Like it or not, this indiscipline (fiscal or otherwise) is the cancer that eats away at the soul of the republic day after day. A mere fraction of the money whittled away by corruption could easily have addressed the medical crises, providing enough money to adequately compensate all medical staff cadres...even Teachers and the Police ; more money could be used to cushion the majority of our vulnerable population who are merely one medical emergency away from being rendered bankrupt. The same money could also be plowed into industries (novel, struggling or thriving) to guarantee that the youth of this country could be involved in some form of gainful employment. Our politicians seem overjoyed at being able to drum up massive crowds of people for mid-week rallies, but all I see is a ticking time bomb. The same people who have all that time to sit at rallies and soak up the "doctrine of the day" are for the most part impressionable and have nothing to lose. When all that desperate energy is whipped into a frenzy, we will all reap the whirlwind. With nothing to lose, they will turn on the very business folk, businesses, factories, etc. that are meant to help us put food on the table.

There are no easy fixes for the mess that we've gotten ourselves into, but there is a path back from the precipice: we have no choice but to become disciplined. I wish our leaders could be the ones to lead the way, but it seems like even in times of crises they still do not feel the need to make the hard decisions. Which pretty much just leaves it up to us, the common folk, to take up discipline as our mantra. It has to be something that we strive for and render unto our children, or those over whom we have influence. We need to make it something that can strongly be associated with being Kenyan as we oft romanticize "Bushido" with Japan or "Excellence" with German machinery. We have already tasted mediocrity in our past; it's finally time to embrace our greatness.

God Bless.

 





Sunday, October 15, 2017

The Music of Pat Metheny: Sueño con México (Orchestrion Edition)



Time to delve into another gem from the masterful Pat Metheny. This is from one of his solo albums (New Chautauqua) released in 1979, and as the story goes, the song was something he wrote up quite hurriedly as he became aware that he was one song short for the record. The original recording is an outstanding piece of work, wrapped around this beautiful weaving of music against a baseline arpeggio that is hypnotizing to say the least.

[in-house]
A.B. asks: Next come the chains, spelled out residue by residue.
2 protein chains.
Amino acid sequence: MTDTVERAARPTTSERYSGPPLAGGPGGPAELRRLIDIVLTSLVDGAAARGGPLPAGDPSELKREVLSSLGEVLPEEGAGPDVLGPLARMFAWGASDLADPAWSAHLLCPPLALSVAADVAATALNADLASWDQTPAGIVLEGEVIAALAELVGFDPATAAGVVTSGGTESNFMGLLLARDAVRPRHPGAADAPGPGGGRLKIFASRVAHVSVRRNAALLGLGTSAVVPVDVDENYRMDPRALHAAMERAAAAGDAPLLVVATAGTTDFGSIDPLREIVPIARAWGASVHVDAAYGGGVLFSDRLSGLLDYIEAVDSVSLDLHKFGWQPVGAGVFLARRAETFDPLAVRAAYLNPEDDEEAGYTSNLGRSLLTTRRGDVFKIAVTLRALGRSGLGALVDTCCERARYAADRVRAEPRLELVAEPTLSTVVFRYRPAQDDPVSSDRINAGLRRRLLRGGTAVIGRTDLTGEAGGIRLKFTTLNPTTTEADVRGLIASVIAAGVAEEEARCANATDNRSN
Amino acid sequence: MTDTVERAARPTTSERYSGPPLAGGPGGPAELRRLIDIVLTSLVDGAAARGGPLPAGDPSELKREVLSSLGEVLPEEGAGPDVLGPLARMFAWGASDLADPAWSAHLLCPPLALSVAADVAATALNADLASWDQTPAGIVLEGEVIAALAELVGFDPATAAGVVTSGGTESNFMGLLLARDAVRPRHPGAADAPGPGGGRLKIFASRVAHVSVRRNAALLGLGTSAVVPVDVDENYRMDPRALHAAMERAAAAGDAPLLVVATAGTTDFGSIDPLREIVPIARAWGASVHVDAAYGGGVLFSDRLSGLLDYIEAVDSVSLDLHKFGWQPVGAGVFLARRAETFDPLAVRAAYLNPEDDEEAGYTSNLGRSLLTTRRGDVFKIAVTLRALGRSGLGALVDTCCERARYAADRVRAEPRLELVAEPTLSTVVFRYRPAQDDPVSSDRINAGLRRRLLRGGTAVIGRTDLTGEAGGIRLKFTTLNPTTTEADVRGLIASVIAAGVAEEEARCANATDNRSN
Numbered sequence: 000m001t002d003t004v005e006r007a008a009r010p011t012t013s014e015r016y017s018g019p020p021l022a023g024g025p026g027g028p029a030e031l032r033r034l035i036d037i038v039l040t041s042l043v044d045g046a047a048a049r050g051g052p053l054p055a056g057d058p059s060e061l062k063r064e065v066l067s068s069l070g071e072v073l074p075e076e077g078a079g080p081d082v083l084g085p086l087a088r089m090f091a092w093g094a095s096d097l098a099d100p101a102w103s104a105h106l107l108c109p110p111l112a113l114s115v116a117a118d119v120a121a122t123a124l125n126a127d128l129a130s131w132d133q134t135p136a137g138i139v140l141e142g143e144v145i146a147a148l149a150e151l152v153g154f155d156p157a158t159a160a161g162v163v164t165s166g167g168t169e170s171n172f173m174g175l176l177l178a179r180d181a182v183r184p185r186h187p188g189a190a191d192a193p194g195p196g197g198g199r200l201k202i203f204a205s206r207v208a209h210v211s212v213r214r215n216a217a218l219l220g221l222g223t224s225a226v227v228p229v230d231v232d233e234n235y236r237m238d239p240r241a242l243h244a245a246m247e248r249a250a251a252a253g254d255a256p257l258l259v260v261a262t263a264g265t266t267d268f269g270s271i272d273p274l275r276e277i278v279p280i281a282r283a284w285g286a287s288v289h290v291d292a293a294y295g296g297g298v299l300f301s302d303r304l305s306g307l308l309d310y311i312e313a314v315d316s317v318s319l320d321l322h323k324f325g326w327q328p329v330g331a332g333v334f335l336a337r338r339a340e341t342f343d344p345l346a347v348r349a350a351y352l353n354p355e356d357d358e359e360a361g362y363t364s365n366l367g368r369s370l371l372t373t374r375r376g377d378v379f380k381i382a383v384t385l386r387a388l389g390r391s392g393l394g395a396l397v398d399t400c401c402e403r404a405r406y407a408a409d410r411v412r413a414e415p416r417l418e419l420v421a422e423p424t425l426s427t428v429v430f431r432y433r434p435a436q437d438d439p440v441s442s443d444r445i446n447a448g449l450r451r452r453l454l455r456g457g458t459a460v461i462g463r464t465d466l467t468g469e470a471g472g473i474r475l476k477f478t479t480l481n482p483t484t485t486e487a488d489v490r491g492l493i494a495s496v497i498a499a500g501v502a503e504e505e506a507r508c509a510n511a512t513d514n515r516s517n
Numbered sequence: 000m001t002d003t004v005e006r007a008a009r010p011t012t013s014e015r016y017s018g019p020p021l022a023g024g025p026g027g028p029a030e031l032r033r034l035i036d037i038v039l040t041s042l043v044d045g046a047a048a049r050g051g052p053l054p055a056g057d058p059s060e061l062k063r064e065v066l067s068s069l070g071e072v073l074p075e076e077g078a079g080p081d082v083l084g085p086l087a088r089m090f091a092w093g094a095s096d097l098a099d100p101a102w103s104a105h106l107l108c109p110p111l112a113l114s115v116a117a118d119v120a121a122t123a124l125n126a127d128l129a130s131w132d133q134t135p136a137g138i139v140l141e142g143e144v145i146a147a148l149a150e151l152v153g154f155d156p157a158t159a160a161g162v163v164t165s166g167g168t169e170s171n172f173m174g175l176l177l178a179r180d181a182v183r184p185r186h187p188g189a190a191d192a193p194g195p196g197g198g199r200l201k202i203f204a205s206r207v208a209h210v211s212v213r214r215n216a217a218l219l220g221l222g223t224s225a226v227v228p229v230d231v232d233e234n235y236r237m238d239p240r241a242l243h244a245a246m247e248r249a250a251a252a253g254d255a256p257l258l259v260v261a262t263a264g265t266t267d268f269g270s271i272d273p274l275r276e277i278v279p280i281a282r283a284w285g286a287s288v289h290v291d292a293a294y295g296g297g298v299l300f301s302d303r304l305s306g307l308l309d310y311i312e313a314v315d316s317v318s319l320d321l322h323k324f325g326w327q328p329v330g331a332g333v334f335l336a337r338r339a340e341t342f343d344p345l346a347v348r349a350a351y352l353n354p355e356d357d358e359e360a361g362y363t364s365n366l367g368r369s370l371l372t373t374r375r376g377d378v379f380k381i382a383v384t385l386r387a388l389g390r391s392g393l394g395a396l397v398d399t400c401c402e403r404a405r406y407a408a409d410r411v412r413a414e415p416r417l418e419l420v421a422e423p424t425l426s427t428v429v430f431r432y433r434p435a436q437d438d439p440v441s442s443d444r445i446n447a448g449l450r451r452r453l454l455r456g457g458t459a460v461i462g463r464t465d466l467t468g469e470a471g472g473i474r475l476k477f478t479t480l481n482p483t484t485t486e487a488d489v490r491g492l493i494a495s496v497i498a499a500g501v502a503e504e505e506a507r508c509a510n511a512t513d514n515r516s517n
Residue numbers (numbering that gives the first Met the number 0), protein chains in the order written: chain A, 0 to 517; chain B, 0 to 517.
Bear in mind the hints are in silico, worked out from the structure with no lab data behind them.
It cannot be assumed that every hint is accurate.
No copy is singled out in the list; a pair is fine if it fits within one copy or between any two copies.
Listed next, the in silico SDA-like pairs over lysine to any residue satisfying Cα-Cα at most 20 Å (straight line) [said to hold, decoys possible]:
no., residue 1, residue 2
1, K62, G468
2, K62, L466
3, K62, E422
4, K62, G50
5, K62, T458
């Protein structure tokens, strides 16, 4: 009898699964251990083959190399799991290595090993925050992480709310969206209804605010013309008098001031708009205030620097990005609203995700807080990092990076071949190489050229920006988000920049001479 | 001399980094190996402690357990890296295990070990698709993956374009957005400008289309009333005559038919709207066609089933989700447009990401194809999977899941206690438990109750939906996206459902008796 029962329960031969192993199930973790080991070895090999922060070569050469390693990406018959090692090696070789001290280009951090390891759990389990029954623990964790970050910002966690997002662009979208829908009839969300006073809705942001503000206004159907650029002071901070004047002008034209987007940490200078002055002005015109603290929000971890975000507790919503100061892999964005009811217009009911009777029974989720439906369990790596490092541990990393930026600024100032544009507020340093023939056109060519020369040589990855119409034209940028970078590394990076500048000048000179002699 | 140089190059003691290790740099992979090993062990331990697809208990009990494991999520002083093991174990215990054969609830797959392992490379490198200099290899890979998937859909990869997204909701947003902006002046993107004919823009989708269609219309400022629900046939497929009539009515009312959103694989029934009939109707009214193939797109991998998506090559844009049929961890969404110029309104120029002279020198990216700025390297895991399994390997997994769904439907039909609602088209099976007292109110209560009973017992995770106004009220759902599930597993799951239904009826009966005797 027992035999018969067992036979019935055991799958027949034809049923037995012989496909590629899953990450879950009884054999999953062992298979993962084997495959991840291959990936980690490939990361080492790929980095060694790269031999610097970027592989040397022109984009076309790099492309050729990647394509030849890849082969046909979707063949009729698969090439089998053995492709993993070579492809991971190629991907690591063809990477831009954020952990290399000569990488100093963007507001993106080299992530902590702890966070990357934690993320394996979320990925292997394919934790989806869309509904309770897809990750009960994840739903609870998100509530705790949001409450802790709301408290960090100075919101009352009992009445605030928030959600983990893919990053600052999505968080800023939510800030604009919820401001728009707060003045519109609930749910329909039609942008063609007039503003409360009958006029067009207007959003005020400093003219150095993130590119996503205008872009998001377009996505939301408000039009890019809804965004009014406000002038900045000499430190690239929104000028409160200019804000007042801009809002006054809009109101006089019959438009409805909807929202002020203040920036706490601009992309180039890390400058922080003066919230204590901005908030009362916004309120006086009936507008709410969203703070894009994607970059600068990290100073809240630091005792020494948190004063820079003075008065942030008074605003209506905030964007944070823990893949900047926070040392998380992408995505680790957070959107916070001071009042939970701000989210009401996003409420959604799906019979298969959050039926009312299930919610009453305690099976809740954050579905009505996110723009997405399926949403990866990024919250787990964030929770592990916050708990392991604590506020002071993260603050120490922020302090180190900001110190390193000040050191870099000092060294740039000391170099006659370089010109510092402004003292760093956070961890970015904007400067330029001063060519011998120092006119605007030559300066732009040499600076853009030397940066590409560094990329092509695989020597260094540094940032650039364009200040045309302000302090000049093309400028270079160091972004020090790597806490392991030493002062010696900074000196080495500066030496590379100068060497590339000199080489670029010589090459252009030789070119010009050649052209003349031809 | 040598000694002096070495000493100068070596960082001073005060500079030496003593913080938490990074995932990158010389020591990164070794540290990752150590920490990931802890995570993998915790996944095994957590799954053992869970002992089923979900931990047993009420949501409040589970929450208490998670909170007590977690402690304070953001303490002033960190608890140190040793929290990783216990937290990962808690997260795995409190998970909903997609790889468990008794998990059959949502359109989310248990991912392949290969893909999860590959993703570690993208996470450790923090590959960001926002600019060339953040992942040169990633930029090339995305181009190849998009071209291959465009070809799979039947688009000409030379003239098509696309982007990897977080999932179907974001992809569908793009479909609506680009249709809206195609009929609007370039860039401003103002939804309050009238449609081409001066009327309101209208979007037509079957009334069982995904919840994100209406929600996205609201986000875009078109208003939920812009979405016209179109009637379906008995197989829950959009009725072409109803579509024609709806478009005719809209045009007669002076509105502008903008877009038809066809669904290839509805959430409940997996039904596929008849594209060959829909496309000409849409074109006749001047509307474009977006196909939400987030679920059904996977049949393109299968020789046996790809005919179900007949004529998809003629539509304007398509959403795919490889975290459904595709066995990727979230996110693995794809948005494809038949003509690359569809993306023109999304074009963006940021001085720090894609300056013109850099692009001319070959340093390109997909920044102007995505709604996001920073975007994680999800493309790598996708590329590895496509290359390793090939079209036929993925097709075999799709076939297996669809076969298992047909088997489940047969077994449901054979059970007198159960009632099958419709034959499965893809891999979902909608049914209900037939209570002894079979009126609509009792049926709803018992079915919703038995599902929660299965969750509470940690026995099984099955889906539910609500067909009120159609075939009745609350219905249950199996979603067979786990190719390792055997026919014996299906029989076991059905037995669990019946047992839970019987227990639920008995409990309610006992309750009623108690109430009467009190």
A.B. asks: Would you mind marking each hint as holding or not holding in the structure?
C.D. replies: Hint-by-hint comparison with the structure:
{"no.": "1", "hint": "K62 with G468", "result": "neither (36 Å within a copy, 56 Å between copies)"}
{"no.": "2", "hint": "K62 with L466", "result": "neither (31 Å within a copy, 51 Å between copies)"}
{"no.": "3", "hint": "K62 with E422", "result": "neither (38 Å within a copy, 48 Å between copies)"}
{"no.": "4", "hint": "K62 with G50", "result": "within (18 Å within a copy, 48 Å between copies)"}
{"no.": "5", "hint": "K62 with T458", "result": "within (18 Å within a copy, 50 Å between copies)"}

However, I will not be focusing on the original recording. In 2010, Metheny exposed the world to his idiosyncratic labour of love: Orchestrion. Sure, this was yet another of his solo albums, but one with a twist: he had the backing of a whole slew of musical instruments, specifically designed for the endeavour, that he was able to activate at will. He used this to good effect, and came up with 5 original compositions to showcase this project. However, after going on tour, he would dabble in some improv work using the orchestrion instruments, and he even gave some of his old tunes a fresh spin. This is of course what led to his spin-off album, The Orchestrion Project, which dropped in 2012. This album, inspired by his Orchestrion tour, was an expansion of his original orchestrion work featuring aforementioned new improv material and a few of his old hits.

And this is where we pick up things with his new rendition of Sueño con México. This rendition breathes a whole new life to the original (similar to what happened with The Way Up); the palette has been expanded greatly for this song. We end up going from the whimsy of a piece designed last minute in a Stuttgart hotel, to an even more tightly hemmed piece of music; whereas the original composition is a more nuanced quiet piece, this time around it's more full blown and expressive. The arpeggios underlying the song are more vibrant, and the extra percussion from cymbals, piano, bass, etc., used sparingly in bursts, amplifies the emotiveness of the piece.

Within this soundscape, Metheny still stands front and centre with his guitar and this time around he has a true semblance of a solo (which the original recording never really had). The solo has two distinct parts: at first he plays all his flourishes accompanied chiefly by the underlying arpeggio, and adds splashes of the orchestrion to accent his work; the second part is more subdued with just a bit more yearning conveyed by his guitar. Perhaps his finest moment comes in a roughly 1 minute stretch starting from the 6:40 mark; and within that stretch, 7:19 to 7:44 consists of some of the finest notes I've heard committed to music. So much elation, it just sounds like a stairway to Heaven. 

I enjoyed the original Sueño con México, but I adore the reinvented edition of the song, and I can truly call it one of my favourites. I love that he can still reinvent his classics anew, and use them to inspire a new generation. Thank God for such blessings. 

Saturday, October 7, 2017

The Things That Medical School Won't Teach You (6) - Don't be afraid to diagnose death